Find your portal

How to apply the Universal Design for Learning in the classroom

This post was originally published in the October 2018 issue of the Education Today Magazine.

The way people learn is as unique as cats’ noses. In case you wonder, there are no two cat muzzles exactly the same. So even though students in a classroom may look alike, they each have a unique combination of background, strengths, needs and interests that affect their learning outcomes.

Since classrooms are so diverse, curricula need to meet this diversity. However, most often than not, teachers need to meet the same curriculum goals for all their students. These two terms, “the same” and “diverse”, when considered in the same setting inevitably mean obstacles to surmount and challenges to overcome.

Universal Design for Learning (UDL) is thought to be the solution to the above problem.

Why Universal Design for Learning in the classroom matters

In a traditional classroom setting, when a student has a hard time getting the expected learning outcomes they also often take the blame for their poor results. Maybe they didn’t study enough, they didn’t pay attention to class when the teacher explained a key concept, maybe they are just lazy and uninterested in their own educational journey.

Only recently have people considered the fact that the curriculum (instead of the student) might play a significant role in the unsatisfactory results. Every classroom is made up of a very diverse group of individuals, yet the curriculum is the same for everyone. Maybe, if we designed the curriculum to be more flexible and adaptable to meet the diverse needs of students, the learning outcomes will improve for most.

This is the basic idea of Universal Design for Learning, advanced by the people of CAST (Center for Applied Special Technology), a nonprofit education research and development organization that works to expand learning opportunities for all individuals through UDL. According to them, Universal Design for Learning is rooted in the learning sciences — including neuropsychology, human development, and education research.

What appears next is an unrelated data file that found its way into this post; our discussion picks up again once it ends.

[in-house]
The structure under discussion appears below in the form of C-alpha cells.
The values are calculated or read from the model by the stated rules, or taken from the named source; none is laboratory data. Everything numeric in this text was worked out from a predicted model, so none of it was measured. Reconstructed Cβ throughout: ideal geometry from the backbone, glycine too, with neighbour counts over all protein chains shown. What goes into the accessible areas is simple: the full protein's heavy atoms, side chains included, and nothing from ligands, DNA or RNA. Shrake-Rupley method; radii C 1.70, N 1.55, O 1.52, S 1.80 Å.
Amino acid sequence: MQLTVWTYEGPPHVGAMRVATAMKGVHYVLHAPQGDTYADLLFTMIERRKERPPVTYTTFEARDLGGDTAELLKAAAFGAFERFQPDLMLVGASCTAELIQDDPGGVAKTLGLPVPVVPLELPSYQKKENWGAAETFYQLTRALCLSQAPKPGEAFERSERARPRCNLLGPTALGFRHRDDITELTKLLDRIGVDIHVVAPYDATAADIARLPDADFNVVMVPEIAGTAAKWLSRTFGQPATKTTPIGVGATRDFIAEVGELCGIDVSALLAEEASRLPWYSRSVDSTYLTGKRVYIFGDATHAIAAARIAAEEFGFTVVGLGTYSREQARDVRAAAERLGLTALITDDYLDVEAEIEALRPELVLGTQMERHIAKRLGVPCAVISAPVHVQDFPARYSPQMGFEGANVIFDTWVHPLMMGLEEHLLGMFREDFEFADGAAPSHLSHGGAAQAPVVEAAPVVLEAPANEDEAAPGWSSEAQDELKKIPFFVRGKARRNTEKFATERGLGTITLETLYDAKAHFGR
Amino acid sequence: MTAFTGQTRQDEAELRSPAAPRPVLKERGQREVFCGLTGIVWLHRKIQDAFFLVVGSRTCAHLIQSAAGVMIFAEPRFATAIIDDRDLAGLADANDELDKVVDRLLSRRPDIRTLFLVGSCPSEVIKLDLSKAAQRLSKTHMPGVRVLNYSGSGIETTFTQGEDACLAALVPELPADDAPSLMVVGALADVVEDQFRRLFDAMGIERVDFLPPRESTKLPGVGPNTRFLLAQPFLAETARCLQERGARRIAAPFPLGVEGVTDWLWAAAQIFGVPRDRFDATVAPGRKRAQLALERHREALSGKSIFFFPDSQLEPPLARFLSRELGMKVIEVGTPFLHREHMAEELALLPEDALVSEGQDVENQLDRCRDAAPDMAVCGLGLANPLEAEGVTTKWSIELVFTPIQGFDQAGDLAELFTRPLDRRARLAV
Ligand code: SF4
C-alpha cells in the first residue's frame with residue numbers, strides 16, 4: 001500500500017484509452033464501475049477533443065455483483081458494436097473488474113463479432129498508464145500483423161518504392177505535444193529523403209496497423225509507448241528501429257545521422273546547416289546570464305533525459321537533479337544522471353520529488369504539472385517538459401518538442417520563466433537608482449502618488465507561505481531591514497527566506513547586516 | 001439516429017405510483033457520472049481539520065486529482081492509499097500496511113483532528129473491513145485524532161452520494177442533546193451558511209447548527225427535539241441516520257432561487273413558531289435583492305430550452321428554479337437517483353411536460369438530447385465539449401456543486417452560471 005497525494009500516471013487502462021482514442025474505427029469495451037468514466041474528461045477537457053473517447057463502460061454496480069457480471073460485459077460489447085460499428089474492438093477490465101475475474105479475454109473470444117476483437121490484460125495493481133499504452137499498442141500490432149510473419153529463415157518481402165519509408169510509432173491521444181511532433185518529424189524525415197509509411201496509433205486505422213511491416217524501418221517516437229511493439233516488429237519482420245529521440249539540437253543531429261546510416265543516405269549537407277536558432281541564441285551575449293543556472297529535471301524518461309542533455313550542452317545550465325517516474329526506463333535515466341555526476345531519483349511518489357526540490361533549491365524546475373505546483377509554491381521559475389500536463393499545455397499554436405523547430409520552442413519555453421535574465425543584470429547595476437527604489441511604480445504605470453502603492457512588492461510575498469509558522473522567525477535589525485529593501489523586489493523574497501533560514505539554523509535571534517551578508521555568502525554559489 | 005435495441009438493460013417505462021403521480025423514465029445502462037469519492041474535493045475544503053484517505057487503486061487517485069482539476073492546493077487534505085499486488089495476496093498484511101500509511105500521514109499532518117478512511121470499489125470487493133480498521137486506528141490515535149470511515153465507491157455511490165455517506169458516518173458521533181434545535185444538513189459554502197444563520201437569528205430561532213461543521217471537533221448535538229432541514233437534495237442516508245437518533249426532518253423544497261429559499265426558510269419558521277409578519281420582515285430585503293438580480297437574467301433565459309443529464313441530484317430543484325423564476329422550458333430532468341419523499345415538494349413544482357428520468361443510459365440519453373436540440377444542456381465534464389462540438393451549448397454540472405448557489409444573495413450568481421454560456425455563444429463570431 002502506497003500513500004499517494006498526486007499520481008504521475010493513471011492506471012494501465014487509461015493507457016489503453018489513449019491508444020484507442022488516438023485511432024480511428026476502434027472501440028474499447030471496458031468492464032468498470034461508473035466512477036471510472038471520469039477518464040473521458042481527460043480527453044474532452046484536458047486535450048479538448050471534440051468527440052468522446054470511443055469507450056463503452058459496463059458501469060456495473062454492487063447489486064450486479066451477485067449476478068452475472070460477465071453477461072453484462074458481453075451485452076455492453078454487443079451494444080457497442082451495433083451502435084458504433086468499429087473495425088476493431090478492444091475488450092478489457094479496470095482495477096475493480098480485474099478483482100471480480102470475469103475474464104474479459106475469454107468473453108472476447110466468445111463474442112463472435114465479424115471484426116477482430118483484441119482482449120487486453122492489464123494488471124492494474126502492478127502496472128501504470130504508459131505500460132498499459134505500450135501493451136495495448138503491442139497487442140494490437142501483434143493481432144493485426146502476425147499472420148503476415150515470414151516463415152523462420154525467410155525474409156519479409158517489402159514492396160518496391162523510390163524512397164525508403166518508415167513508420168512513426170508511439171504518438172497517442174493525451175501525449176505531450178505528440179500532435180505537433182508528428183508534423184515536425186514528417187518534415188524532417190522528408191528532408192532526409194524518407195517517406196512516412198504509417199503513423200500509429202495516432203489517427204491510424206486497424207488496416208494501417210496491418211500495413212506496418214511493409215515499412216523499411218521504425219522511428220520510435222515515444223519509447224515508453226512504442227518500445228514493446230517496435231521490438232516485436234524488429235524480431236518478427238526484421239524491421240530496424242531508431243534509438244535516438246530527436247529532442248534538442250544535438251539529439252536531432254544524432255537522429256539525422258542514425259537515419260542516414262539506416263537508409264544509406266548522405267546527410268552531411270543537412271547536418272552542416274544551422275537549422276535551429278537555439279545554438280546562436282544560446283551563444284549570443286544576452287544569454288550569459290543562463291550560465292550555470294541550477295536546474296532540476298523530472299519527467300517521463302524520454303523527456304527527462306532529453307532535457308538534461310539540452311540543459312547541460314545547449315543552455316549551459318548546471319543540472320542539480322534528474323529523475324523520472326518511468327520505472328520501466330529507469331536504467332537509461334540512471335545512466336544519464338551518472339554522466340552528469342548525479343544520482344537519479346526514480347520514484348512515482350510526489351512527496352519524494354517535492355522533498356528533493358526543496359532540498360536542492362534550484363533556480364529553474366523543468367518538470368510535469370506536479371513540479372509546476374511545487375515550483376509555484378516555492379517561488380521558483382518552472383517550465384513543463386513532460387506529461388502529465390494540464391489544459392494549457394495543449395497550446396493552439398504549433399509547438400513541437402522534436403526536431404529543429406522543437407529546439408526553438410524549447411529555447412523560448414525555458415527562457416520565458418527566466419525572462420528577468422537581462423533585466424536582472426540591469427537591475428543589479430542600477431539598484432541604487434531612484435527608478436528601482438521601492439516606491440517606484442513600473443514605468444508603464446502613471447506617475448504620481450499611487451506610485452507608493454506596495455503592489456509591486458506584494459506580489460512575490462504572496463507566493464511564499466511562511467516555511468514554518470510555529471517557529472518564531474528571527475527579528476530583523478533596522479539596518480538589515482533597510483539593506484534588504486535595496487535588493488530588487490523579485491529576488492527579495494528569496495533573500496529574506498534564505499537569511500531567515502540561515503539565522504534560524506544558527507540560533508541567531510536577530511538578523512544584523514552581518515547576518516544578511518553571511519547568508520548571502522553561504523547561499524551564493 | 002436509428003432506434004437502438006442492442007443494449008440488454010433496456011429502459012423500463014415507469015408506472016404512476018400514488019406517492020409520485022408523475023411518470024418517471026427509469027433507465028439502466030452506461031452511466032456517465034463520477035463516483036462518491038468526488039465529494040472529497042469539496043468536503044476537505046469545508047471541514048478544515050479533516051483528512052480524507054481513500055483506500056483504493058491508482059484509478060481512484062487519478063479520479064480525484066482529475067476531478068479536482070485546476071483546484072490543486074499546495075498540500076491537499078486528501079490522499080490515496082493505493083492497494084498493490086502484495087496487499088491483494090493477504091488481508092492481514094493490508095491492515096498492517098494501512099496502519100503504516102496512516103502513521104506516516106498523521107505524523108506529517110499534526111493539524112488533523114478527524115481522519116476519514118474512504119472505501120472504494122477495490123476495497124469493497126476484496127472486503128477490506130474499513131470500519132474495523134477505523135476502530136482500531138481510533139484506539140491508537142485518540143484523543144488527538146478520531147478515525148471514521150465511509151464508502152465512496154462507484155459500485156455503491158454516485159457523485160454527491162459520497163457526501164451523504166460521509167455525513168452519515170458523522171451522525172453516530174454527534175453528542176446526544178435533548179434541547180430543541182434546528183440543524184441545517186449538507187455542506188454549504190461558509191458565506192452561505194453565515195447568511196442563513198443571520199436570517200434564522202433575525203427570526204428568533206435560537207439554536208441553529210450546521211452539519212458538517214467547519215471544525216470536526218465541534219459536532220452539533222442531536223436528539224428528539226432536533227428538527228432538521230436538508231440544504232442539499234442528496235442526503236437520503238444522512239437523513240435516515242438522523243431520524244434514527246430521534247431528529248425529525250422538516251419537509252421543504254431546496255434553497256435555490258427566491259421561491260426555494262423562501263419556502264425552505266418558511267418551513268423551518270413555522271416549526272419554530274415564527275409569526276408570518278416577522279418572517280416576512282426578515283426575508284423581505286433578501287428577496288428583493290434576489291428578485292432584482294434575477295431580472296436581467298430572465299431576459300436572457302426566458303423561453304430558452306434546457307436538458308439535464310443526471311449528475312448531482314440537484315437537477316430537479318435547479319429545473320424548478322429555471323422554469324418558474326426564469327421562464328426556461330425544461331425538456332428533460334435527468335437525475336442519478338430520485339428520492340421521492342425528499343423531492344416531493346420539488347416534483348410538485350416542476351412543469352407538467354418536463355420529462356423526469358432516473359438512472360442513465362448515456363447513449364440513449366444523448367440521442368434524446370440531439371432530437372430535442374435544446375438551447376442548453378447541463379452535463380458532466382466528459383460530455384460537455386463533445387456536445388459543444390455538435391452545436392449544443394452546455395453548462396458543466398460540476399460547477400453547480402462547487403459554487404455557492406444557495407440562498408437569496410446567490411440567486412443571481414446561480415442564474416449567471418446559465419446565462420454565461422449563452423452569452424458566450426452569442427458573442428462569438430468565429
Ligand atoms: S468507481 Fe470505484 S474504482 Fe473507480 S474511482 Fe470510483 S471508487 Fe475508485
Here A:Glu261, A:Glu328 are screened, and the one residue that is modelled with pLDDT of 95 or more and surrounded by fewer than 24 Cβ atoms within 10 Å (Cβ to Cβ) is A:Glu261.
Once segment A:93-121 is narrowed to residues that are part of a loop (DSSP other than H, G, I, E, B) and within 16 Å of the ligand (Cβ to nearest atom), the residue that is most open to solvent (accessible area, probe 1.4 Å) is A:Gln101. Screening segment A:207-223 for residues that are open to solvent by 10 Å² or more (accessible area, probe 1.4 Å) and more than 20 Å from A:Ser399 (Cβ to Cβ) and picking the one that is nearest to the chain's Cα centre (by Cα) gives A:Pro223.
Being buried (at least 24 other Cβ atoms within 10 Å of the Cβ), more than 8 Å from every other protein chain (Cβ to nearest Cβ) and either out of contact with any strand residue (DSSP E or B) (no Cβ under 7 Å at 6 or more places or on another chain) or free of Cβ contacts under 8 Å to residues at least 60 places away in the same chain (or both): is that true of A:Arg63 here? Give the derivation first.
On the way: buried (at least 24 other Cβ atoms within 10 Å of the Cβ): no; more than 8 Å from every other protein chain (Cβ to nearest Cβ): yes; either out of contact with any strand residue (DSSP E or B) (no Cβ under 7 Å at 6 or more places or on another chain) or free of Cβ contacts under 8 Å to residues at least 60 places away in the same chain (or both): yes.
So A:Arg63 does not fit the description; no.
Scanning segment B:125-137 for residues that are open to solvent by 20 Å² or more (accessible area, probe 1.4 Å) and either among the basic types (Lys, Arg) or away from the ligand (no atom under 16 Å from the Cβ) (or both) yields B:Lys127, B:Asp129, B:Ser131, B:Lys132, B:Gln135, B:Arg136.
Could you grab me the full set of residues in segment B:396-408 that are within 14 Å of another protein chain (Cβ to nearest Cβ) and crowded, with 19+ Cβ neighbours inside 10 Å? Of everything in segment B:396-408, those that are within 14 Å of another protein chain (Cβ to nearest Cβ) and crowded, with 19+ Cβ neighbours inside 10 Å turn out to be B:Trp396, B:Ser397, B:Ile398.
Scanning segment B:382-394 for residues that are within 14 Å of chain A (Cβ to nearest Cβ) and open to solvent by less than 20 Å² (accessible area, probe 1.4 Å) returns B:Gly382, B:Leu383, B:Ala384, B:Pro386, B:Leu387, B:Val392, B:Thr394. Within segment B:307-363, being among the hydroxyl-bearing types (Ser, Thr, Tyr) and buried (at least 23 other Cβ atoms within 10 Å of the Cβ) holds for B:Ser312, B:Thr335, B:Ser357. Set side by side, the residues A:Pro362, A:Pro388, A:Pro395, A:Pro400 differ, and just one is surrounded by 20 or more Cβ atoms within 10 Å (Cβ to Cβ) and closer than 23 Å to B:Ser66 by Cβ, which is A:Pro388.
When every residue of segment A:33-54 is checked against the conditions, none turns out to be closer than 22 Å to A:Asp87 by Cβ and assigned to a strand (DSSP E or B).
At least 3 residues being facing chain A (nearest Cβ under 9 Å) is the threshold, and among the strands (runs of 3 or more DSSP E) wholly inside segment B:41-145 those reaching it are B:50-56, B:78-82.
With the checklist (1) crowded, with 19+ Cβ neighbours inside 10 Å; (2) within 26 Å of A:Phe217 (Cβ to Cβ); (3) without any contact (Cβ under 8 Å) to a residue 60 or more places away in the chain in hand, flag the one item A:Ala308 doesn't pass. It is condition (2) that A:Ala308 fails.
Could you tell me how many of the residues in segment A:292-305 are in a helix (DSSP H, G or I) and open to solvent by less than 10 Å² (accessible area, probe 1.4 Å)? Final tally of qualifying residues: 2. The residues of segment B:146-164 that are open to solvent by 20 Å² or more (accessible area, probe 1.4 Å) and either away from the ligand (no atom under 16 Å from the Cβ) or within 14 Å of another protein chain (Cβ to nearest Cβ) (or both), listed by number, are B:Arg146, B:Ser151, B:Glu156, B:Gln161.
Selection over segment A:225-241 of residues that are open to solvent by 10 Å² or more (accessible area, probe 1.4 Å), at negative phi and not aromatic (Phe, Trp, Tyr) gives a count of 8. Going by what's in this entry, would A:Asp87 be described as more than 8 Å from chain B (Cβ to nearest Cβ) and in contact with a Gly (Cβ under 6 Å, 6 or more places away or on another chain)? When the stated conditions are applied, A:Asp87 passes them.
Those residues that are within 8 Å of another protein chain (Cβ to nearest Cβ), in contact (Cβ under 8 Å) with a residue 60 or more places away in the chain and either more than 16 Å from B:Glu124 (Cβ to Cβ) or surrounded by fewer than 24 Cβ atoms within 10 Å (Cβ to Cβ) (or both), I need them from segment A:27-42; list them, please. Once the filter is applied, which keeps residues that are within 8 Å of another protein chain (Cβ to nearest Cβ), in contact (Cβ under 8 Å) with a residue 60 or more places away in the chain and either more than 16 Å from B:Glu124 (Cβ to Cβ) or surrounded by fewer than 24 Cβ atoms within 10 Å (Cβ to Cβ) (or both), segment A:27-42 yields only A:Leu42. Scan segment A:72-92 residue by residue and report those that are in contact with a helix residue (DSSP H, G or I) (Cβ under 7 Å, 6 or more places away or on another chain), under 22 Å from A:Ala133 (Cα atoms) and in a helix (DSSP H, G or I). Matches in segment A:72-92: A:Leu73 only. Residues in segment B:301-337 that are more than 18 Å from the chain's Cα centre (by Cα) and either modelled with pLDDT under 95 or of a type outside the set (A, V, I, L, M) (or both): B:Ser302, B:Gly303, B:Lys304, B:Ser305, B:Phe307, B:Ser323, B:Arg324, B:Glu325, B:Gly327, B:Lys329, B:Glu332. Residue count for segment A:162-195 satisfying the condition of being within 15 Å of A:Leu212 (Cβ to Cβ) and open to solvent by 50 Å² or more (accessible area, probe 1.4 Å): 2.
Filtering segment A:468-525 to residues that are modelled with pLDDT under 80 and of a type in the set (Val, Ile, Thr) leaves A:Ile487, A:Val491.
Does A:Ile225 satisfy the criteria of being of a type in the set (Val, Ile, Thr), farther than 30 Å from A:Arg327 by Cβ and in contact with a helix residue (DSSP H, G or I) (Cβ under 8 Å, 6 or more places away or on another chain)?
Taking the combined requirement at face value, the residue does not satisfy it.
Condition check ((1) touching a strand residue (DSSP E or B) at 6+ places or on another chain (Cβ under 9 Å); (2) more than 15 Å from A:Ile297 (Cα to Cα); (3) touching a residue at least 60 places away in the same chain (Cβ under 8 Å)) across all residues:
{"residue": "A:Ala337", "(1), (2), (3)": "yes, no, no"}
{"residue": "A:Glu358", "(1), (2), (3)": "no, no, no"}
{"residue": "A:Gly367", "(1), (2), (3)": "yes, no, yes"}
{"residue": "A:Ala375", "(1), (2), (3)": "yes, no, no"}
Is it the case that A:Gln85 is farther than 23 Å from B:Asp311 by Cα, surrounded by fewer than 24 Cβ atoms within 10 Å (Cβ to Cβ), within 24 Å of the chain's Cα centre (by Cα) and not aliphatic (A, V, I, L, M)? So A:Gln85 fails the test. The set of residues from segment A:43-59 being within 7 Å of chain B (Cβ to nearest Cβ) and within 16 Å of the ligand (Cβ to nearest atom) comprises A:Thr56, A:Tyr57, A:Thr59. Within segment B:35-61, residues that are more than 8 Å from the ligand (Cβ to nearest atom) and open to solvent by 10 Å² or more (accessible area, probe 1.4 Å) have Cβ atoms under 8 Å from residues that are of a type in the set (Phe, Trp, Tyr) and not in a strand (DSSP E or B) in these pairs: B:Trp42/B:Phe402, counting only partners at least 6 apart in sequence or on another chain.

There are three basic principles to UDL, and before we go on to the part about how to apply it in the classroom, these principles need to be highlighted. Each corresponds to a different part of the human brain that is involved in the learning process and each affects a student’s learning outcomes in its unique way.

  1. UDL provides multiple means of representation. This answers the WHAT of learning. Teachers should therefore present information and learning content in more than one way. There are multiple options for customizing instructional delivery, from offering alternatives for auditory or visual information to guiding information processing and manipulation. This diversity in how students get new information helps them be resourceful, knowledgeable learners.
  2. UDL provides multiple means of action and expression. This answers the HOW of learning. Some students enjoy being in the center of attention and present slides of something they learned. Others prefer the more traditional way of writing an essay on what they learned, yet others might be very happy to create a physical model of a new concept they got to master. By being able to demonstrate their learning through more than one standard way, students become more strategic, and goal-directed learners.
  3. UDL provides multiple means of engagement. This answers the WHY of learning. Motivation is a crucial factor determining the success of the learning process. Every lesson must spark an interest in students’ minds and teachers need to identify the best way to achieve this, whether by providing options for sustaining effort or self-regulation to insuring a greater degree of student agency and individual choice.This will help students become more purposeful in their learning process and more motivated.

Now that the theoretical part of universal design for learning is clear, let’s move on the foggy one: implementing it. There is no one best way to put UDL into practice; how could it be when the students in a classroom are so diverse?

Things to consider when applying UDL in the classroom

The comprehensiveness of the universal design framework can overwhelm even the most ambitious educators. The educational system tends to favor the one-size-fits-all instead of options over options of delivering instructions, assessing students and keeping them motivated.

Schools and teachers who seek to create learning environments that are inclusive for all must embrace change and prepare for a long and bumpy journey. The UDL framework is complex and there might be the need to introduce individual components of it over time. After all, change is a process, not an event.

The first step in implementing universal design for learning in the classroom is to carefully assess the current situation. One needs to establish exactly where is Starting Point A if they are to plan the journey to Desired Point B. This analysis of the current classroom, school, or even district will determine the goals, pinpoint the priorities and offer a clear idea of where to start and what to look for.